From Iceland — Top Five Volcanoes Someone Should Write A Book About: A Symposium By Valur & Hannah Jane

Top Five Volcanoes Someone Should Write A Book About: A Symposium By Valur & Hannah Jane

Top Five Volcanoes Someone Should Write A Book About: A Symposium By Valur & Hannah Jane

Published March 15, 2021

Hannah Jane Cohen Valur Grettisson
Photo by
Axel Sigurðarson & Others (see individual captions for credit)

You would think that a nation that is both as obsessed with literature and as seismically active as Iceland would write a lot of stories about volcanoes. But that’s not actually the case.

Granted, there are some. The excellent story ‘Eldarnir: Ástin og aðrar hamfarir’ focuses on the love affair of a geologist on the brink of a supervolcano going off not only in Reykjanes, but also in her heart. It’s better than it sounds, trust me.

But if you look at the grand scheme of Icelandic literature, we tend to write mostly about the weather and, occasionally, avalanches. Very rarely are volcanoes mentioned. Even the writers of the sagas were more obsessed with nonsense gossip about the chieftains rather than the roaring volcanoes all around them. Seriously, I’m surprised more geologists don’t complain—really, who gives a S%&# about King Haraldur’s hair? Seriously!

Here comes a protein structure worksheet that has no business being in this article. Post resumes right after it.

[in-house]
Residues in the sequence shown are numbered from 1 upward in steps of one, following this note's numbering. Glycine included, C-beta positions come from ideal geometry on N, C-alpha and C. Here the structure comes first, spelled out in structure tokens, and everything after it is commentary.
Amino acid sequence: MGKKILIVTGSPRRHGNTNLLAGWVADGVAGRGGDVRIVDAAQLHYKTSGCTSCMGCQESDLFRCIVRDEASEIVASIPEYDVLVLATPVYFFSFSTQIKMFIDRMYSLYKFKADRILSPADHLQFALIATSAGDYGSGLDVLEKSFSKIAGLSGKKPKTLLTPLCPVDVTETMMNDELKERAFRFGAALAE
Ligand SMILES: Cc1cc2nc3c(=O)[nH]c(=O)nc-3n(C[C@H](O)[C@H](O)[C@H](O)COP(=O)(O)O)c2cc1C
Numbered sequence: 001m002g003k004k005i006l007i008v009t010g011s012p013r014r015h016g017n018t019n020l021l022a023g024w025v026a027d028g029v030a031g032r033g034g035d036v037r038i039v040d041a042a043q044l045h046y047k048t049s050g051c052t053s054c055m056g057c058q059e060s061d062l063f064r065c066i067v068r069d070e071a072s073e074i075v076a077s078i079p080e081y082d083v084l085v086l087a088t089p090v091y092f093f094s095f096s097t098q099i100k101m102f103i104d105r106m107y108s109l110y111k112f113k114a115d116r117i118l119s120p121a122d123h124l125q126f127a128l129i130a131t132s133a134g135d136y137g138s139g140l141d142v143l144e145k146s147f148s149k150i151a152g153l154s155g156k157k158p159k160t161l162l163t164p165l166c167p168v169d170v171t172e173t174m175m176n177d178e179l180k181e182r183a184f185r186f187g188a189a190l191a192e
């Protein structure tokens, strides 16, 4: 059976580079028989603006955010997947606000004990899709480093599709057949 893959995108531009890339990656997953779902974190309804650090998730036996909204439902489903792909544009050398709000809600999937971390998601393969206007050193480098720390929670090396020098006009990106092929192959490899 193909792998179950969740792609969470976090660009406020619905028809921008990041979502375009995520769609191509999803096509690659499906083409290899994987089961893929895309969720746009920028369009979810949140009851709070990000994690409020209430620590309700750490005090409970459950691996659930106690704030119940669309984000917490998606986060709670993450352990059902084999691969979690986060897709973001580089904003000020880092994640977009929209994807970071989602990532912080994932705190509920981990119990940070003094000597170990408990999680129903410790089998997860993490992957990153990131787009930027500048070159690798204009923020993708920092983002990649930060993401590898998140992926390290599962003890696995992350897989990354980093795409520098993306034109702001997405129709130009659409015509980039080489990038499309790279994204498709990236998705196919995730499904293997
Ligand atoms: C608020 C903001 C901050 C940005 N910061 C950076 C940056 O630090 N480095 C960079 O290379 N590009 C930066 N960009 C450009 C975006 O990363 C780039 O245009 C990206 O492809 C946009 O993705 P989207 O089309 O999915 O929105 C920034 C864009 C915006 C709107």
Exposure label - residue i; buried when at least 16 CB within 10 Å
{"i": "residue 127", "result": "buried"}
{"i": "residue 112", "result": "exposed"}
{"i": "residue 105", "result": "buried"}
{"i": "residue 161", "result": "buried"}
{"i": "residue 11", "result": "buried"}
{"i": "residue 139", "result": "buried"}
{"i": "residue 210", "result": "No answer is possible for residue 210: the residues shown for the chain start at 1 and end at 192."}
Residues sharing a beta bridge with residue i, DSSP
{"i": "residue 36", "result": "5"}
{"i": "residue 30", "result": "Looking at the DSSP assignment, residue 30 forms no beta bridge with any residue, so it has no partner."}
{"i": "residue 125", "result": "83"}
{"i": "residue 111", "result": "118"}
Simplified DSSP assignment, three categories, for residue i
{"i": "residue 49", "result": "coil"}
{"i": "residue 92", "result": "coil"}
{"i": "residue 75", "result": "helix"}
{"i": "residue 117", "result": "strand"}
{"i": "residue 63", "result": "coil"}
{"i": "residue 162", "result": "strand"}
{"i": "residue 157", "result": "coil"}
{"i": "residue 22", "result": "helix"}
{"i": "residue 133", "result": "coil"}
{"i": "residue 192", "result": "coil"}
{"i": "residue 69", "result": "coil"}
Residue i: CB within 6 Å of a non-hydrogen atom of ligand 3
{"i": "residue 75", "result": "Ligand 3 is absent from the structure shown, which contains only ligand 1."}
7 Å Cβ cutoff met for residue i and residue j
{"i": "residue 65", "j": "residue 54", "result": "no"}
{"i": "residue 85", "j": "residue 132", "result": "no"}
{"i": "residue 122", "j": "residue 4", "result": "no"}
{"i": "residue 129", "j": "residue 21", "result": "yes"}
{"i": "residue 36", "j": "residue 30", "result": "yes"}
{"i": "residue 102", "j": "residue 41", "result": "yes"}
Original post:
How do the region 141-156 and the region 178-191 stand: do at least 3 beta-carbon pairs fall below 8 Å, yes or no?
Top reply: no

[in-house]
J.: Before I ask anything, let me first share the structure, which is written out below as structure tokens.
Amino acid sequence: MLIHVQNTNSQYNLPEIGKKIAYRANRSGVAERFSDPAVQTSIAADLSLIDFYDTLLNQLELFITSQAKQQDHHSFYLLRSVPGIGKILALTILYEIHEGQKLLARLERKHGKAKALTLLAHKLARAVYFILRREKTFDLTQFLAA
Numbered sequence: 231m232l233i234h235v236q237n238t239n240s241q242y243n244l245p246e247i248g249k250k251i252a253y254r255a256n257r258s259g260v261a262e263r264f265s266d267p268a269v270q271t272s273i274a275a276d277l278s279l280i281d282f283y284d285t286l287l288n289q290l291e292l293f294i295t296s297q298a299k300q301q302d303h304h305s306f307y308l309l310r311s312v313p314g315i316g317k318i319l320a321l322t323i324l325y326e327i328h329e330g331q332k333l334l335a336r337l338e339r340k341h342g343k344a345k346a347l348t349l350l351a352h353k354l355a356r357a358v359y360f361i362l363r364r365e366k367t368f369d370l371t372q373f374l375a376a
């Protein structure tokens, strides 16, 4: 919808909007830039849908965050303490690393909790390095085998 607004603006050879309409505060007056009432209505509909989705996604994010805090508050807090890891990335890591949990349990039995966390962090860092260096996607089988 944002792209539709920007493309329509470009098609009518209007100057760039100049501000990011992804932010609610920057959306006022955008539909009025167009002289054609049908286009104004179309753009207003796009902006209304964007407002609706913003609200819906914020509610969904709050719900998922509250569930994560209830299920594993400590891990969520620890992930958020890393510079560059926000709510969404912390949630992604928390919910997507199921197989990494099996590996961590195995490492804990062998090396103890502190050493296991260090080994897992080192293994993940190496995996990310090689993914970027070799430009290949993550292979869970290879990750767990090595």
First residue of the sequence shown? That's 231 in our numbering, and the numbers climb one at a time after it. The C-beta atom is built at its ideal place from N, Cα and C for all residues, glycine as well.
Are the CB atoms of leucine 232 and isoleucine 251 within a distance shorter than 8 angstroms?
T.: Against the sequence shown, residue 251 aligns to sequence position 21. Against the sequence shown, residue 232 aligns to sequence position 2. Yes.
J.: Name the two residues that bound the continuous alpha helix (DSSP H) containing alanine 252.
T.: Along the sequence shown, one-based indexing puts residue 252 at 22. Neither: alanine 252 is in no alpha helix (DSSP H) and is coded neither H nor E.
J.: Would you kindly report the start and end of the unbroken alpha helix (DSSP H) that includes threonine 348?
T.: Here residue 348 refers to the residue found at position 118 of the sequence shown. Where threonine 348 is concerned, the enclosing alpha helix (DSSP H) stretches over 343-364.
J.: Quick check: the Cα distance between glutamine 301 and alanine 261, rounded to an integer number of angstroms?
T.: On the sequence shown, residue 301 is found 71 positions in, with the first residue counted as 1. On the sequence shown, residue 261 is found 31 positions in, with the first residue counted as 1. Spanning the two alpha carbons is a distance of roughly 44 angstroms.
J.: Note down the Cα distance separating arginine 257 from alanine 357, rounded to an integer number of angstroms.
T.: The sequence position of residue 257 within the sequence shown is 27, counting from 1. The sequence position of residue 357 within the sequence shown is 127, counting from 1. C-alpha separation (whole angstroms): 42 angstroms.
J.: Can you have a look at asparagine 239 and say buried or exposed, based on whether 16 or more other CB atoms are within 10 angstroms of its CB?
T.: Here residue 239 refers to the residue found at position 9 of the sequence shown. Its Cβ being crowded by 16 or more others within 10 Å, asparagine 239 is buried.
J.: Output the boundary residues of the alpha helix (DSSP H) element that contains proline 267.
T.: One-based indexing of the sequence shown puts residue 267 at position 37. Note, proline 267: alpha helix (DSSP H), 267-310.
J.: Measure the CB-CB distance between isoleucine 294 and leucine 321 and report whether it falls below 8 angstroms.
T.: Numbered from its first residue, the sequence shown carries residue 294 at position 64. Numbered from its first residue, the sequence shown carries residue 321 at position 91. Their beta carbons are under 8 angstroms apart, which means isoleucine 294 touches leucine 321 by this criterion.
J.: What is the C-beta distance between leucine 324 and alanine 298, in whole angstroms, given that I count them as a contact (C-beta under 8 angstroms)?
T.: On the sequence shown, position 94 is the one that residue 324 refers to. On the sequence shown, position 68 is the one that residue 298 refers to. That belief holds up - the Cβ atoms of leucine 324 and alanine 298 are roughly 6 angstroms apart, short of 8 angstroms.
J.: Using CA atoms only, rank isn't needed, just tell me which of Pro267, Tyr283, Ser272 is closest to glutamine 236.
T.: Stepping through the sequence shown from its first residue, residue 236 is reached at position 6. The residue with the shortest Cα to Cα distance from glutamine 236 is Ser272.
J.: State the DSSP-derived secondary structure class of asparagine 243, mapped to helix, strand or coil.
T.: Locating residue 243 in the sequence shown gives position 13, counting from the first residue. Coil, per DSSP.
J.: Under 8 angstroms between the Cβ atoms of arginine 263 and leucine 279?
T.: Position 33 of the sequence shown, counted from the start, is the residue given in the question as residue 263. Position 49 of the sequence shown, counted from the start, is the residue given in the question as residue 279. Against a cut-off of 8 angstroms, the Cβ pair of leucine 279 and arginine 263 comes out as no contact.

But in the current apocalyptic atmosphere of Iceland, we decided to take some time to suggest some possible novels that other people (not us, we’re busy watching ‘The Crown’) could write.

Eyjafjallajökull. Photo by Þröstur Jón Sigurðsson,

Eyjafjallajökull

Let’s just get this out of the way. Obviously you all know this volcano, it’s the one that stopped air traffic before COVID-19 even got the idea. And truly, what a glorious display of raw power it was. Finally, Iceland proved that it, a small rocky island in the middle of the goddamn Atlantic ocean, could stop the world for a second. It’s the moment drama was made for.

And for sure there are some movies about it, but no Icelandic writer has yet to accept the challenge of writing about it. But lucky for you, we’ve crafted a potential plotline: Farmers have had their world turned upside down by the ash, which cues that classic Iceland rural depression rumination. Then there’s a murder in the midst of the chaos, and also lovers that the natural disaster keeps apart, but then they find a way to be together (maybe by stowing away on a tugboat crossing the Atlantic? Rowing?). The scenery around the volcano at the beginning of the eruption was downright nightmarish, so throwing in a few hauntings would be the icing on top. Because who killed the farmer in the beginning? A ghost. Or wait, not a ghost, just the despondent Mother of one of the lovers covered in the ashes of one of the lovers, who was actually a ghost this entire time.